Richard Wilbur, American Poetic Master: Requiescat in Pace

For some time, Richard Wilbur, one of the greatest of American poets, had fed me as I set out on my poetic seas. But he conjured for me a new channel, or portal, or atmosphere, when I read his "In Limbo."

I know long-ish poems tax the concentration of most, and one of my goals is to entice more to become readers of poetry. So, I try to lower the price of admission. That's my feeble attempt to justify only reproducing the last two of the poem's five thrilling stanzas:

"Someone is breathing. Is it I? Or is it
Darkness conspiring in the nursery corner?
Is there another lying here beside me?
Have I a cherished wife of thirty years?
Far overhead, a long susurrus, twisting
Clockwise or counterclockwise, plunges east,
Twin floods of air in which our flagellate cries,
Rising from love-bed, childbed, bed of death,
Swim toward recurrent day. And farther still,
Couched in the void, I hear what I have heard of,
The god who dreams us, breathing out and in.

"Out of all that I fumble for the lamp-chain.
A room condenses and at once is true--
Curtains, a clock, a mirror which will frame
This blinking mask the light has clapped upon me.
How quickly, when we choose to live again,
As Er once told, the cloudier knowledge passes!
I am a truant portion of the all
Misshaped by time, incorrigible desire,
And dear attachment to a sleeping hand,
Who lie here on a certain day and listen
To the first birdsong, homelessly at home."

Magnificent. As besot as I am with the iamb, of course I love Wilbur for his metrical commitment. But here I received something more: an expansion of poetic sensibility, enabling me to write a poem that was my first in blank verse (if one brackets the concluding couplet) and, more importantly, one moving in a conceptual, emotional, and memorial space to which Wilbur had given me access. He made me more ambitious. That first little poem of mine, fully under Wilbur's spell, written at Redeye Roasters in Hingham, with "In Limbo" sounding through me, was this:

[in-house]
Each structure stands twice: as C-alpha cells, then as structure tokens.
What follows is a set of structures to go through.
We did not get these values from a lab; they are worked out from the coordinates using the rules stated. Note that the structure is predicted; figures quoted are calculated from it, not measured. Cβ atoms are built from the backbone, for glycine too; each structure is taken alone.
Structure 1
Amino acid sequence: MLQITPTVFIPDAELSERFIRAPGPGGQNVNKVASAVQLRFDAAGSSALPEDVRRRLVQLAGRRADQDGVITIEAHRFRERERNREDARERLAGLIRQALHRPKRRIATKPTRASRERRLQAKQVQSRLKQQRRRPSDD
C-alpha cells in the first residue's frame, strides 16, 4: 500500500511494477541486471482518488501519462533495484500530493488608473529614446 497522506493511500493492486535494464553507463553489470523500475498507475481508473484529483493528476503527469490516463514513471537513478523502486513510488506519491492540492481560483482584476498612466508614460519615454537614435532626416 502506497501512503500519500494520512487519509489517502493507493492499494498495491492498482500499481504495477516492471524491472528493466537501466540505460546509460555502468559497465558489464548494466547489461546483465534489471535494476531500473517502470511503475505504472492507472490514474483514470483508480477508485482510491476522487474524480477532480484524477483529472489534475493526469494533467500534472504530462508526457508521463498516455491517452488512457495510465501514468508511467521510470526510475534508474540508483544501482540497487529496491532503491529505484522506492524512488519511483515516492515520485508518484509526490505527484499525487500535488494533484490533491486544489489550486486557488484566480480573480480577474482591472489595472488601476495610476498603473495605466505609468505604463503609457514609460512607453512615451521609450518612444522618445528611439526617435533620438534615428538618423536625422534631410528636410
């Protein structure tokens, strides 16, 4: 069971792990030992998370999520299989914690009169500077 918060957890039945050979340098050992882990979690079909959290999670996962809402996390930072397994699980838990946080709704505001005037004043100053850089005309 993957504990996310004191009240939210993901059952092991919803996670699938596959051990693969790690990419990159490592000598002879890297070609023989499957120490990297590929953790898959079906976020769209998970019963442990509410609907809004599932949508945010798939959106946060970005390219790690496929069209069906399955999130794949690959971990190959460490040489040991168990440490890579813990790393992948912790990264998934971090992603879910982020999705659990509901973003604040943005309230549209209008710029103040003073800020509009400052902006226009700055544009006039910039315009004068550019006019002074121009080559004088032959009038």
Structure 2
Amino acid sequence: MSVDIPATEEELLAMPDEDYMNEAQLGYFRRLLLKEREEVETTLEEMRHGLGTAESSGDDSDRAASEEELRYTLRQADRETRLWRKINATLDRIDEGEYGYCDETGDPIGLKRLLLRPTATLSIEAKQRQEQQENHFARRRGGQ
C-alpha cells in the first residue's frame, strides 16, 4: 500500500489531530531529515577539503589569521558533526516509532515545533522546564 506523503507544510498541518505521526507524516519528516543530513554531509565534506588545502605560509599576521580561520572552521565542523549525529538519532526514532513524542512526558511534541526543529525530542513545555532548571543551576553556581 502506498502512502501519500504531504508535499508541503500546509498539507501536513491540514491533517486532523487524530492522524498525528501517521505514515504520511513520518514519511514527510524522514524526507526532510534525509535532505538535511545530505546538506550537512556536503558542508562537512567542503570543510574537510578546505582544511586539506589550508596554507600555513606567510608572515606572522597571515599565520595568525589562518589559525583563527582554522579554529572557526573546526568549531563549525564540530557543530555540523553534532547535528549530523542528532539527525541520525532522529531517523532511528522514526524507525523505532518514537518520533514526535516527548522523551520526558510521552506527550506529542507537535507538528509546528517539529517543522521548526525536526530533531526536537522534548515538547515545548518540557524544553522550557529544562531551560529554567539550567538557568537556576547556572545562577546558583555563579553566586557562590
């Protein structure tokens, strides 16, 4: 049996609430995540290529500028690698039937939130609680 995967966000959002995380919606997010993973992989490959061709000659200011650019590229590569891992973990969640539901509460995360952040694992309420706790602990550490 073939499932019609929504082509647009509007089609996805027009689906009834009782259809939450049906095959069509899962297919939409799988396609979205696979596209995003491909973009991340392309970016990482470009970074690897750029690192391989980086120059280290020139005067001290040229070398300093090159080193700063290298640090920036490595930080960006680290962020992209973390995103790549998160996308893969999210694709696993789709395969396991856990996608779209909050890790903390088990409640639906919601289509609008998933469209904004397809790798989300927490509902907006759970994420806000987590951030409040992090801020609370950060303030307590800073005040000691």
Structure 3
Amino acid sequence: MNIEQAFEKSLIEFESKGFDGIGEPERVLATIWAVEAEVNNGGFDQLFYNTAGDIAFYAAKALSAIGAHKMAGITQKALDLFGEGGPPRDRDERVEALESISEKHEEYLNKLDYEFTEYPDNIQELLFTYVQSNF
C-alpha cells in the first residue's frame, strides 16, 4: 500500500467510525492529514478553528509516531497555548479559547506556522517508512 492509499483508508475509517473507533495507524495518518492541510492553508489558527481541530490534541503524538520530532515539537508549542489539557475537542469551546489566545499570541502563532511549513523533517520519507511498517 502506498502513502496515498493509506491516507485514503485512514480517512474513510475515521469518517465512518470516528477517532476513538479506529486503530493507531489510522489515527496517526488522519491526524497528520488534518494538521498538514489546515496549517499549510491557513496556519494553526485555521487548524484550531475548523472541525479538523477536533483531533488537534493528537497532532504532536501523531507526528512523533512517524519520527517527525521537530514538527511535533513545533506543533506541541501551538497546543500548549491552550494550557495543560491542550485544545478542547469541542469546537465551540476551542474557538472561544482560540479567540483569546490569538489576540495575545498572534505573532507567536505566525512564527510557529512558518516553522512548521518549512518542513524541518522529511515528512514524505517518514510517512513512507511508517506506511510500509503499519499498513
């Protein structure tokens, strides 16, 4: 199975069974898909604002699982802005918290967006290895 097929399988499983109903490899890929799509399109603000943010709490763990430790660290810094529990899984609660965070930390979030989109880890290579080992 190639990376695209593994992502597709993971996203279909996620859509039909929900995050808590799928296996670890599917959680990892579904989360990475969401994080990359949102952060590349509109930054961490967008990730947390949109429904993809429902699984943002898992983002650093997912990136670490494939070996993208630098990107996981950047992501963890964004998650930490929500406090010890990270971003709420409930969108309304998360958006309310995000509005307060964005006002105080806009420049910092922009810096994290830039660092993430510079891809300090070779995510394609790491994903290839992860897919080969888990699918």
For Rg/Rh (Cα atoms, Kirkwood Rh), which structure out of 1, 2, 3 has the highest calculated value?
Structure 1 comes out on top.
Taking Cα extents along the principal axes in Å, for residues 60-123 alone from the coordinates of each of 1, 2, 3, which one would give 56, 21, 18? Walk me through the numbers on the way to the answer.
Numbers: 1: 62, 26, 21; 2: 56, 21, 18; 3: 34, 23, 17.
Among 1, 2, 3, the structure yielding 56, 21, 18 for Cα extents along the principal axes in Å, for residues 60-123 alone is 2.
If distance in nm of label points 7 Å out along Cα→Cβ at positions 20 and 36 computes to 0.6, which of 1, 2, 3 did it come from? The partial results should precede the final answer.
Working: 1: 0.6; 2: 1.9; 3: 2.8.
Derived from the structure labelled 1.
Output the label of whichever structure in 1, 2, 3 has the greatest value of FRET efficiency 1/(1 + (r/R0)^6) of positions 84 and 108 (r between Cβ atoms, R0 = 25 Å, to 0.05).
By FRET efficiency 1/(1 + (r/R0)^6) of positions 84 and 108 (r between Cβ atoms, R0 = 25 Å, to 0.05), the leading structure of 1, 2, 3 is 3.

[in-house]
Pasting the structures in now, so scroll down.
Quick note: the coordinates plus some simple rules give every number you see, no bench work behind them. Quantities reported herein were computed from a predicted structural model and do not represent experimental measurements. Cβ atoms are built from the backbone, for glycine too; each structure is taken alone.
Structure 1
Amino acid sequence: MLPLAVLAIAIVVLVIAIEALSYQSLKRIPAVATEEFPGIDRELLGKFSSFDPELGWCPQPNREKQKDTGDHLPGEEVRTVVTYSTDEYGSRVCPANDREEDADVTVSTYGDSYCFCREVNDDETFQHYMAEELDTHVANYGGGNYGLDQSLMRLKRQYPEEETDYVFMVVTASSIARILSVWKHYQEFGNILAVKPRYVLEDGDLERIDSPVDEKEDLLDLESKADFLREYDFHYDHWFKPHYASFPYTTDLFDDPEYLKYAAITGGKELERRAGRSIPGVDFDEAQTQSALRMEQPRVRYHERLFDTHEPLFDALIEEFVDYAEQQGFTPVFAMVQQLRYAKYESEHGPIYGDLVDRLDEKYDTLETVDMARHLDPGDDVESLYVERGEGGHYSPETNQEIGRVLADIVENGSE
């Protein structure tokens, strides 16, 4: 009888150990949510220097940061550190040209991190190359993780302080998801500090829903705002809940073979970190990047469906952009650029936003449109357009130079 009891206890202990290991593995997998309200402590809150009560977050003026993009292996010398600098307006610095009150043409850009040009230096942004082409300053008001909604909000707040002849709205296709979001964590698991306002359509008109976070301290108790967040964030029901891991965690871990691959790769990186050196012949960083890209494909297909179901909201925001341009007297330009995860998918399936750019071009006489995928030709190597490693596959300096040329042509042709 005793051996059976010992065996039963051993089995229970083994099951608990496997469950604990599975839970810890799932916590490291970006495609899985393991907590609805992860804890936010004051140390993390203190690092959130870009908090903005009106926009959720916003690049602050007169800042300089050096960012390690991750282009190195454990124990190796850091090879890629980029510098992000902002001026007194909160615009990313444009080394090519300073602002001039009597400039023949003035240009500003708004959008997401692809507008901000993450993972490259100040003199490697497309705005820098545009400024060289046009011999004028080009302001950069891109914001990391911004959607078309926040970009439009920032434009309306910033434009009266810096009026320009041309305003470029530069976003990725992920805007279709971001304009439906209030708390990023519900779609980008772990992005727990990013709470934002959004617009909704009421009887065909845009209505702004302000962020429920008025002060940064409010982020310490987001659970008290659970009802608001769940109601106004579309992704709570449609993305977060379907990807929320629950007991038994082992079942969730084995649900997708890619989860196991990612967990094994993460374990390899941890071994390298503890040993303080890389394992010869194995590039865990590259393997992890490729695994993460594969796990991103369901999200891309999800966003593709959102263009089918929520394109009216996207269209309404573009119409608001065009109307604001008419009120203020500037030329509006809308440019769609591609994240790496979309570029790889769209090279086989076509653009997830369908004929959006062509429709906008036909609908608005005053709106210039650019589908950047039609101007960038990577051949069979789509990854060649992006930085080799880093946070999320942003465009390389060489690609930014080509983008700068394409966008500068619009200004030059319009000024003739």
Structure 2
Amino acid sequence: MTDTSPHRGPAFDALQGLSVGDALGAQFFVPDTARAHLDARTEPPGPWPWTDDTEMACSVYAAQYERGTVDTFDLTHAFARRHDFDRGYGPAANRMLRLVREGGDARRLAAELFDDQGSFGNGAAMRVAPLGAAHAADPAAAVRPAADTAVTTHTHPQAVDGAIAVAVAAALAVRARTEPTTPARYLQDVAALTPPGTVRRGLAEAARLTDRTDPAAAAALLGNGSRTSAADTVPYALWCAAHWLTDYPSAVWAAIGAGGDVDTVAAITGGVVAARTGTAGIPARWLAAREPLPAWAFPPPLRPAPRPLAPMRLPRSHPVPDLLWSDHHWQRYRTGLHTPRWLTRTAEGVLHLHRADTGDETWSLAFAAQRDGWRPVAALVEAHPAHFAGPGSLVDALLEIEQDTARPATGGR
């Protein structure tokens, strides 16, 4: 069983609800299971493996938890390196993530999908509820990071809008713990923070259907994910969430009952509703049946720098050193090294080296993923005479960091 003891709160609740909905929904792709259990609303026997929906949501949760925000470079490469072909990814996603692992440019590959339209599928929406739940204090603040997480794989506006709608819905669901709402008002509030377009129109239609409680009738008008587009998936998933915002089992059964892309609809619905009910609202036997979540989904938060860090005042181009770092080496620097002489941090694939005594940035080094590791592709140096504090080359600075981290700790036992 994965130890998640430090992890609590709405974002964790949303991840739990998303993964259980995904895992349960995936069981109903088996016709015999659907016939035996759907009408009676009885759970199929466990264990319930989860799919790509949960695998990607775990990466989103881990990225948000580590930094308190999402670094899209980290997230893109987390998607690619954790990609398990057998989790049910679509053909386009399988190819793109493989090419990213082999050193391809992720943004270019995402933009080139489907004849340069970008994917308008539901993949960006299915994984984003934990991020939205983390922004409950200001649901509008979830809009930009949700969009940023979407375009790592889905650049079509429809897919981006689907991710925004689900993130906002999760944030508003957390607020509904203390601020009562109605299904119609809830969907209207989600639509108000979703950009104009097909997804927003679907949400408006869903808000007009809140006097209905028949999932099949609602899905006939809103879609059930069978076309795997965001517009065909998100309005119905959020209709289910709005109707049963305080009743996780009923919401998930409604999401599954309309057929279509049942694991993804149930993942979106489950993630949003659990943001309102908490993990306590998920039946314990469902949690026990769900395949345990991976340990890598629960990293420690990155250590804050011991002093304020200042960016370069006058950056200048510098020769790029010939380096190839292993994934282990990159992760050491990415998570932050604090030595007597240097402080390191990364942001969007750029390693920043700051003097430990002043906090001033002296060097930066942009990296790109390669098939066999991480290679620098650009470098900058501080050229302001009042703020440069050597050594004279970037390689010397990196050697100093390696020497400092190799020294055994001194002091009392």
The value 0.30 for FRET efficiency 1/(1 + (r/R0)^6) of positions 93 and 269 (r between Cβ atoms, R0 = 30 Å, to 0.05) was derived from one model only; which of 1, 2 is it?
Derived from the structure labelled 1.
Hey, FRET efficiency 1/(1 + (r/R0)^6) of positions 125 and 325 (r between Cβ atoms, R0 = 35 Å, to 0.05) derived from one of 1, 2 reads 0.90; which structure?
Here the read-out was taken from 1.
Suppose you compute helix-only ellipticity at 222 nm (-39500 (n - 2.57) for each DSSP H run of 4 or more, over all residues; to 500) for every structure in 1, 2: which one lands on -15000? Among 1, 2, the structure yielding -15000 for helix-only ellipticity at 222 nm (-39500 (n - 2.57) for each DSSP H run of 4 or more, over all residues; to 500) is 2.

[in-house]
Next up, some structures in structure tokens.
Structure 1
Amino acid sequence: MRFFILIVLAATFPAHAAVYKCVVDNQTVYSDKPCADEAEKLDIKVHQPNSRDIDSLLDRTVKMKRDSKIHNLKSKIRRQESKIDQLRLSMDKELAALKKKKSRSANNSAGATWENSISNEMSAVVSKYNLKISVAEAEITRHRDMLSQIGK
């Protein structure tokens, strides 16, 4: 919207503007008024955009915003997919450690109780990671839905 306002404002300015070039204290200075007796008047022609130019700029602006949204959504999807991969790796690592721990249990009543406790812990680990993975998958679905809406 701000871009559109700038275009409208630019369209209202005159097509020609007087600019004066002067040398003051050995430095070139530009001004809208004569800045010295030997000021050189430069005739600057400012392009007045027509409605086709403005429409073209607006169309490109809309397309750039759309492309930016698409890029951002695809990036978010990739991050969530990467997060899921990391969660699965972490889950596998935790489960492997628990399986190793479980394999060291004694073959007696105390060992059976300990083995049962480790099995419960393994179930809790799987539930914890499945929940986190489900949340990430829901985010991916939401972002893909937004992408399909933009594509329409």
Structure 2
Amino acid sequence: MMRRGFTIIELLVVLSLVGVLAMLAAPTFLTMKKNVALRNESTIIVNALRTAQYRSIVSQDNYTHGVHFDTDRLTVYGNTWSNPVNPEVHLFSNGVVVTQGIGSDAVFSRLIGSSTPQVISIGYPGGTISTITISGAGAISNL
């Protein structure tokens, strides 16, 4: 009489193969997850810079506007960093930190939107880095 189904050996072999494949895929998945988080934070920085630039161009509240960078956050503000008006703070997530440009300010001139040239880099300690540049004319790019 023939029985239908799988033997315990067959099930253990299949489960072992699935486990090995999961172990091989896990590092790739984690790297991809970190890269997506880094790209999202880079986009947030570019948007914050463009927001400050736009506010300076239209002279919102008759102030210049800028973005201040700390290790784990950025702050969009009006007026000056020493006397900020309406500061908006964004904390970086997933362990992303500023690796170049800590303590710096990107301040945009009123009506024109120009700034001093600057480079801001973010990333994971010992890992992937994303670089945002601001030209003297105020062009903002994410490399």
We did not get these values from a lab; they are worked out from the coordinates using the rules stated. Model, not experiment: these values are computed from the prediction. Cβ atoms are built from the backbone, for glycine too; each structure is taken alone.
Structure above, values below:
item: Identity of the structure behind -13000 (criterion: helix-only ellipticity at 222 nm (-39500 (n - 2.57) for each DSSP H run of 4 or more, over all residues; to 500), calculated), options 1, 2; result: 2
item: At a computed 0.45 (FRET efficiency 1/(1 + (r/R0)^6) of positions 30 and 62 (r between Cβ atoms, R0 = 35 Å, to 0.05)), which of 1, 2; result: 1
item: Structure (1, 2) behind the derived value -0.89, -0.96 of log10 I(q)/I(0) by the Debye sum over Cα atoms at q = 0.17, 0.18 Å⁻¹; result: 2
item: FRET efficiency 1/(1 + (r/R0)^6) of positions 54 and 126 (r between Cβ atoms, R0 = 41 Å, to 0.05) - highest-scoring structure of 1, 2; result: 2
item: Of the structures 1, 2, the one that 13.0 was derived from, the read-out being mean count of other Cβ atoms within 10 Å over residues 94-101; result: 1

The Rapture

The mornings are different here, or rather now:
Less interrogative the mourning dove
In calling after the beloved’s name;
Less frequentive the fog in paradox
Of cool and sensuality, the beck
And breathing promise of the bridal veil. 
I wake, and no one’s there. I wake from dreams
I never can remember, or no longer
Do, into a light oblique yet more acute.
What have I wakened to? What will I find?
Once love was all before—have I been left behind?

I am just starting out. I wouldn't have enough steam without Richard Wilbur. Thank God for the man.

We should end with more of Wilbur's delicious words. He has been carried over the threshold beyond which the beautiful forms finally start to solidify, where "the doom of taking shape" has got one of the grand poets in two sure hands.

Eternal rest grant unto him, O Lord.

Seed Leaves

by Richard Wilbur

(Homage to R. F.)

Here something stubborn comes,
Dislodging the earth crumbs
And making crusty rubble.
It comes up bending double,
And looks like a green staple.
It could be seedling maple,
Or artichoke, or bean.
That remains to be seen.

Forced to make choice of ends,
The stalk in time unbends,
Shakes off the seed-case, heaves
Aloft, and spreads two leaves
Which still display no sure
And special signature.
Toothless and fat, they keep
The oval form of sleep.

This plant would like to grow
And yet be embryo;
Increase, and yet escape
The doom of taking shape;
Be vaguely vast, and climb
To the tip end of time
With all of space to fill,
Like boundless Igdrasil
That has the stars for fruit.

But something at the root
More urgent than that urge
Bids two true leaves emerge,
And now the plant, resigned
To being self-defined
Before it can commerce
With the great universe,
Takes aim at all the sky
And starts to ramify.